• Written by Kathelyne van den Berg
    16 December 2011

The thing that really sticked from our Really Simple Video training was that a simple video is less than 3 minutes or as Mark Charmer calls it in his Spanish “Menos de Tres Menutos”. All the partners were joking about this but this also means that it really got in to their heads to keep the videos short.

Mark Charmer interviewing Hermana Montserrat Font in Trinidad Pampa, Bolivia. Photo by Kathelyne van den Berg

After training the partners in doing Really Simple updates and videos in La Paz, we visited a couple of partners working in the C4C consortium.

It is not easy reaching Trinidad Pampa in Yungas with the El Camino de la Muerte ahead of us. An hour from Coroico, we visited a school project led by local NGO Fe y Alegría. Unfortunately we were misinformed and the children were on holiday.

However we did speak with Hermana Montserrat Font, the sister at the school, about the conditions the children are learning in.

What we experienced in the field is that it is not always easy for field teams to visit projects and keep the mind focused on how to capture information that is gathered during a visit. I guess it’s a mind shift that needs to be made – from monitoring the partners and projects to also actually report on them to the outside world. But that is why we, Akvo, went with the partners on this field visit to show that it really is as easy as we say it is!

We tried to encourage partners to realise that capturing insights – good and bad – is a really powerful way to forge a connection and bring to life the people involved, and the issues they face. Here’s such a video – Mark films IICD’s Wietse Bruinsma as he interviews the sister at the school, talking about the unsuitability of some of the educational materials they’ve received.

The second day we drove a head to Oruro a mining city in the South of Bolivia, here Educatic organised a Feria Educativa for schools in the area, the schools showed how they use educational games so that the children learn mathematics and/or about the Bolivian culture in a fun way also learning how to use a Computer. The children showed us how the games work and the teachers learned from each others games and of course large prices where there to win!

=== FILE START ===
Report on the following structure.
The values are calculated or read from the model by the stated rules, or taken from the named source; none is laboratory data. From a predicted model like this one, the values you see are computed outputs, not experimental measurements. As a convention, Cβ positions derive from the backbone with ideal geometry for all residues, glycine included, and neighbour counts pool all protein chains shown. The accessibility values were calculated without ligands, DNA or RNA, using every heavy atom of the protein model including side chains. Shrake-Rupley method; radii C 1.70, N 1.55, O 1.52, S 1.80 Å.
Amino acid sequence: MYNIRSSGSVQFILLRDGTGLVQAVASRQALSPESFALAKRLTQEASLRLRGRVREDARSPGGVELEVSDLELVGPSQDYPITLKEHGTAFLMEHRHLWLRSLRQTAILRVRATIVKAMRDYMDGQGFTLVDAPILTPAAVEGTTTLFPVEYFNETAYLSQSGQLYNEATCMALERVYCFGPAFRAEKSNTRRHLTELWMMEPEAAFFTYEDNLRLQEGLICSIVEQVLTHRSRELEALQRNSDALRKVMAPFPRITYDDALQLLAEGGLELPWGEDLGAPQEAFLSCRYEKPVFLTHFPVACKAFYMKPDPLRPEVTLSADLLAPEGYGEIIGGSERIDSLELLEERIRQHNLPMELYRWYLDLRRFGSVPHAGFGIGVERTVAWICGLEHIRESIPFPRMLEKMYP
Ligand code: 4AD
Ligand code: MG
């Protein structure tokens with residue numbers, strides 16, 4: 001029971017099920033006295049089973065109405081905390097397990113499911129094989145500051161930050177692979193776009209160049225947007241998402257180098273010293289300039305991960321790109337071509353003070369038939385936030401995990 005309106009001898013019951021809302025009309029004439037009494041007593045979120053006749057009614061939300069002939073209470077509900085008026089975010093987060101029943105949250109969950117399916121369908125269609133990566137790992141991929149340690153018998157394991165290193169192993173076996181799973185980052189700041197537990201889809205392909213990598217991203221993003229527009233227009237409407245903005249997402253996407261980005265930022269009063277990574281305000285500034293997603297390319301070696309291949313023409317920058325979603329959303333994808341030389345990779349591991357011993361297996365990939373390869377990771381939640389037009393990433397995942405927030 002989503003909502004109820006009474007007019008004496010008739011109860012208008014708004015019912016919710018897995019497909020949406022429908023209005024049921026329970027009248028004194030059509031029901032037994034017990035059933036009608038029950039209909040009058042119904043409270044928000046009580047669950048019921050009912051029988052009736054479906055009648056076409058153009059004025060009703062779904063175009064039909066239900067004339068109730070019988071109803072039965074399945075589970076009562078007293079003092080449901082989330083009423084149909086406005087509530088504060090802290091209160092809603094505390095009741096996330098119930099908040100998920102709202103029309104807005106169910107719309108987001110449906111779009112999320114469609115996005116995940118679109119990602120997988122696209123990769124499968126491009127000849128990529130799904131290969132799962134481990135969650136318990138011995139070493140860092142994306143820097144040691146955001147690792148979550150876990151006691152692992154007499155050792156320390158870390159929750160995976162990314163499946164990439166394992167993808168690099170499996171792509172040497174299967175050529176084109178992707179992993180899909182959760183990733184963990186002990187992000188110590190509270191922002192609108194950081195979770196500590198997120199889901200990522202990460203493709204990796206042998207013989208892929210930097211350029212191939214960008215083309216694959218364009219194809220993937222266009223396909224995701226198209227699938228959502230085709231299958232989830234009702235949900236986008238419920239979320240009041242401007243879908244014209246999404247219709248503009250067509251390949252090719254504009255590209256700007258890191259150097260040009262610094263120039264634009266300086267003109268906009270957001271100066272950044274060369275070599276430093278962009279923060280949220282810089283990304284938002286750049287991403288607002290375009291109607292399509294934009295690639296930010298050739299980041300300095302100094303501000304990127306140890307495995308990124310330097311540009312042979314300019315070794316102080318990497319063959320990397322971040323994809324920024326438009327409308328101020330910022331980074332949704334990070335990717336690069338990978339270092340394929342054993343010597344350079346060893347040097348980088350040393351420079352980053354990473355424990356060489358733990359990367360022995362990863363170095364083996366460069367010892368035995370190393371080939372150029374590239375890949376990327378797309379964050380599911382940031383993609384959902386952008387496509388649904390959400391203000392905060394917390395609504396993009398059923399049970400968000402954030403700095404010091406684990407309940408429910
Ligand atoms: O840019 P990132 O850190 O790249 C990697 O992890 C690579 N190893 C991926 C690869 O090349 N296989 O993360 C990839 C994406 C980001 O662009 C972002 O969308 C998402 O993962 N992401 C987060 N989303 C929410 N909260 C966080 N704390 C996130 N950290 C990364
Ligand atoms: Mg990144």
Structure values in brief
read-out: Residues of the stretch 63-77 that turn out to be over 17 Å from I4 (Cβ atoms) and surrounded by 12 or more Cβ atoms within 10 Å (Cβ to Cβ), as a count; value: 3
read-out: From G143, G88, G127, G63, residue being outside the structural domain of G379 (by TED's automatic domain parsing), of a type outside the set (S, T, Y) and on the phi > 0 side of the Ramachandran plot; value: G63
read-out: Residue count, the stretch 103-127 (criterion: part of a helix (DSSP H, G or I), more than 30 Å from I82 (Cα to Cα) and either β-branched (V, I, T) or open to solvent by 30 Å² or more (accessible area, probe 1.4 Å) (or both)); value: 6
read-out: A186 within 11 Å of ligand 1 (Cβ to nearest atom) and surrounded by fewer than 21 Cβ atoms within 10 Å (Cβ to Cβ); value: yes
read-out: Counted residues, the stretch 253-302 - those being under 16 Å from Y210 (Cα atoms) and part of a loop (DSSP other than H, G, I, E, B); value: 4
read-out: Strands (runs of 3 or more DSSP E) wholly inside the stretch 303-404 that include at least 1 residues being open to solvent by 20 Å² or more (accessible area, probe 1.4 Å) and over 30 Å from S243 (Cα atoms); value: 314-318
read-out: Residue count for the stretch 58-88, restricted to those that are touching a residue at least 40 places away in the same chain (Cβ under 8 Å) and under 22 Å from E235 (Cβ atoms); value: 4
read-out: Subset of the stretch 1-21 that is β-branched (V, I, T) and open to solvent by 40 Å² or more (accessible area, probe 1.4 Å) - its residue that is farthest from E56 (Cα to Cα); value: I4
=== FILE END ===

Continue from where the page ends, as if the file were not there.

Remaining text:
On Saturday 10th December we reached Challapata after a 2 hour drive to the South – this is a really small and remote town. Here we visited together with FAUTAPO the biggest Organic Quinua plant of Oruruo. Again the facility was not in use (a stock inventory apparently) but we got an interesting tour through the plant. We were not allowed to take photo’s but the Quinua from this plant is exported to Brighton, just an hour from Mark Charmer’s home. The world is so big and so small at the same time.

I was able to use this trip to do our first SMS update testing in South America. Because of the remoteness of some areas in Bolivia you often have to manually search for a provider. But when I found one all my messages did get through and the testing was a success. Here you can see the test SMS in Oruro and in Challapata.

For an impression you can find Mark Charmer’s flickr set of Yungas here and mine here.

Kathelyne van den Berg is programme manager for the Connect4Change consortium at Akvo.

"Kathelyne van der Berg is Akvo's Chief Financial Officer and has been a co-director of the organisation since 2014. You can follow her on Twitter @Kathelyne